Transaction cost studies - Identifying opportunities in light of recent tax law developments

While a new Revenue Procedure establishes a safe harbor election allowing qualifying taxpayers to deduct 70 percent of “success-based fees," it may not be the most beneficial route. A recent transaction cost study resulted in tax savings of more than $166,000 to a client who did not elect the 70 percent safe harbor.

Regulation Section 1.263(a)-5

Regulation Section 1.263(a)-5 requires a taxpayer to capitalize amounts paid to facilitate an acquisition of a trade or business, a change in capital structure, and other specified transactions.

Under Sec. 1.263(a)-5(f), “success-based fees" (contingent upon the successful closing of a transaction) are specifically deemed to be paid to facilitate the transaction, except to the extent the taxpayer maintains sufficient documentation to establish that a portion of the fee is allocable to activities that do not facilitate the transaction.

Recent tax law developments

Rev. Proc. 2011-29 (applicable for taxable years ending on or after April 8, 2011) establishes a safe harbor election in lieu of maintaining the documentation required under Sec. 1.263(a)-5(f) for “success-based fees." This safe harbor permits qualifying taxpayers to treat 70 percent of their success-based fees as currently deductible expenditures. The remaining 30 percent of the fees must be capitalized as an amount that facilitates the transaction.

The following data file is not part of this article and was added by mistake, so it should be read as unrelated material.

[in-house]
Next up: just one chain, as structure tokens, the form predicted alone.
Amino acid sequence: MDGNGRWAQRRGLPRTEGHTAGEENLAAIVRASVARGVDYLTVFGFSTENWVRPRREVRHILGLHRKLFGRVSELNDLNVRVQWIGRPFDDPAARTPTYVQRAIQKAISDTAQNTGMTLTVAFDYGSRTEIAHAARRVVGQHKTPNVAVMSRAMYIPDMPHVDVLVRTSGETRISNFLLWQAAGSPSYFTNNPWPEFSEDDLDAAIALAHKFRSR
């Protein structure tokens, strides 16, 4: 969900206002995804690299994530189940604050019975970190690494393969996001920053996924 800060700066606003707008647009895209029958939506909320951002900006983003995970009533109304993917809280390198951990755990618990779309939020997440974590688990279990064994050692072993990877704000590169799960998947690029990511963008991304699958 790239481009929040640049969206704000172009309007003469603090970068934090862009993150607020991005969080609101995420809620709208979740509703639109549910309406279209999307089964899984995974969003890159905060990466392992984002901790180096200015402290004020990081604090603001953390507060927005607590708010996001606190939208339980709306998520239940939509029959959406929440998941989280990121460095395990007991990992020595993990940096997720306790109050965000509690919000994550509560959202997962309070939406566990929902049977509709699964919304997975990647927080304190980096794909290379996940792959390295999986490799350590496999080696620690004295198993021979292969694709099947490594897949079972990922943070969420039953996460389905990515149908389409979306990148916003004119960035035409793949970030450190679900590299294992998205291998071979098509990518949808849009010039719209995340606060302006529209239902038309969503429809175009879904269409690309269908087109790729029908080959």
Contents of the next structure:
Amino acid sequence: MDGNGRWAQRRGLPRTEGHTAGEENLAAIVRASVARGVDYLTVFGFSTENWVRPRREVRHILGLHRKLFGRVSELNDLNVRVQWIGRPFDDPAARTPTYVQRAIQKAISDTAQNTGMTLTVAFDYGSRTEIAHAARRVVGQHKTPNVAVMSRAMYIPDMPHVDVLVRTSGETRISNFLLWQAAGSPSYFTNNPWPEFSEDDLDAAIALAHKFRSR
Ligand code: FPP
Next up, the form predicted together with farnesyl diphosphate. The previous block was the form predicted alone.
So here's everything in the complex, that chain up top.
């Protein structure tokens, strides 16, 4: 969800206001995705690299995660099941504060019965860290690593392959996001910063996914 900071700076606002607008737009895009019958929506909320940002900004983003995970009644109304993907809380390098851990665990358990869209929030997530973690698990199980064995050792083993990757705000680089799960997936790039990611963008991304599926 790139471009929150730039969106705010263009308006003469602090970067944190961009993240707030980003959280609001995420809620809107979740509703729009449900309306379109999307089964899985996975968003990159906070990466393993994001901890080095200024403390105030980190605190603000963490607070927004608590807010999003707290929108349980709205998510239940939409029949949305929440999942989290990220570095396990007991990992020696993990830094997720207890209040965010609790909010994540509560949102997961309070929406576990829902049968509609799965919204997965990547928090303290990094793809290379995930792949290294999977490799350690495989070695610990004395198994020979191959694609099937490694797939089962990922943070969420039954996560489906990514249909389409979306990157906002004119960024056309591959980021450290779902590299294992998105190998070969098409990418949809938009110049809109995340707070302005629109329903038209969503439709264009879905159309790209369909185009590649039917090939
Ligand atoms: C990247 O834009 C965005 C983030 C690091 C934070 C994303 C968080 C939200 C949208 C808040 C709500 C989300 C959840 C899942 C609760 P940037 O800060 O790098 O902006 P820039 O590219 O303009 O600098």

This safe harbor election applies only to taxpayers incurring fees for services performed in the process of investigating or otherwise pursuing a “covered transaction."

A "covered transaction" means the following transactions:

  1. A taxable acquisition by the taxpayer of assets that constitute a trade or business

    Note: This appears to exclude a taxable sale by the taxpayer of assets that constitute a trade or business.
     
  2. A taxable acquisition of an ownership interest in a business entity (whether the taxpayer is the acquirer in the acquisition or the target of the acquisition) if, immediately after the acquisition, the acquirer and the target are related within the meaning of section 267(b) or 707(b)

    Note: This appears to exclude a taxable sale by multiple taxpayers of 100 percent of the membership units to an LLC or partnership to a single buyer, as the target would be a disregarded entity of the acquirer since it would not meet the related-party definitions under 267(b) or 707(b).
     
  3. A reorganization described in section 368(a)(1)(A), (B), or (C) or a reorganization described in section 368(a)(1)(D) in which stock or securities of the corporation to which the assets are transferred are distributed in a transaction which qualifies under section 354 or 356 (whether the taxpayer is the acquirer or the target in the reorganization)

The safe harbor election is made by attaching a statement to the taxpayer’s original federal income tax return for the taxable year the success-based fee is paid or incurred. The election is irrevocable once made and it does not constitute a change in method of accounting.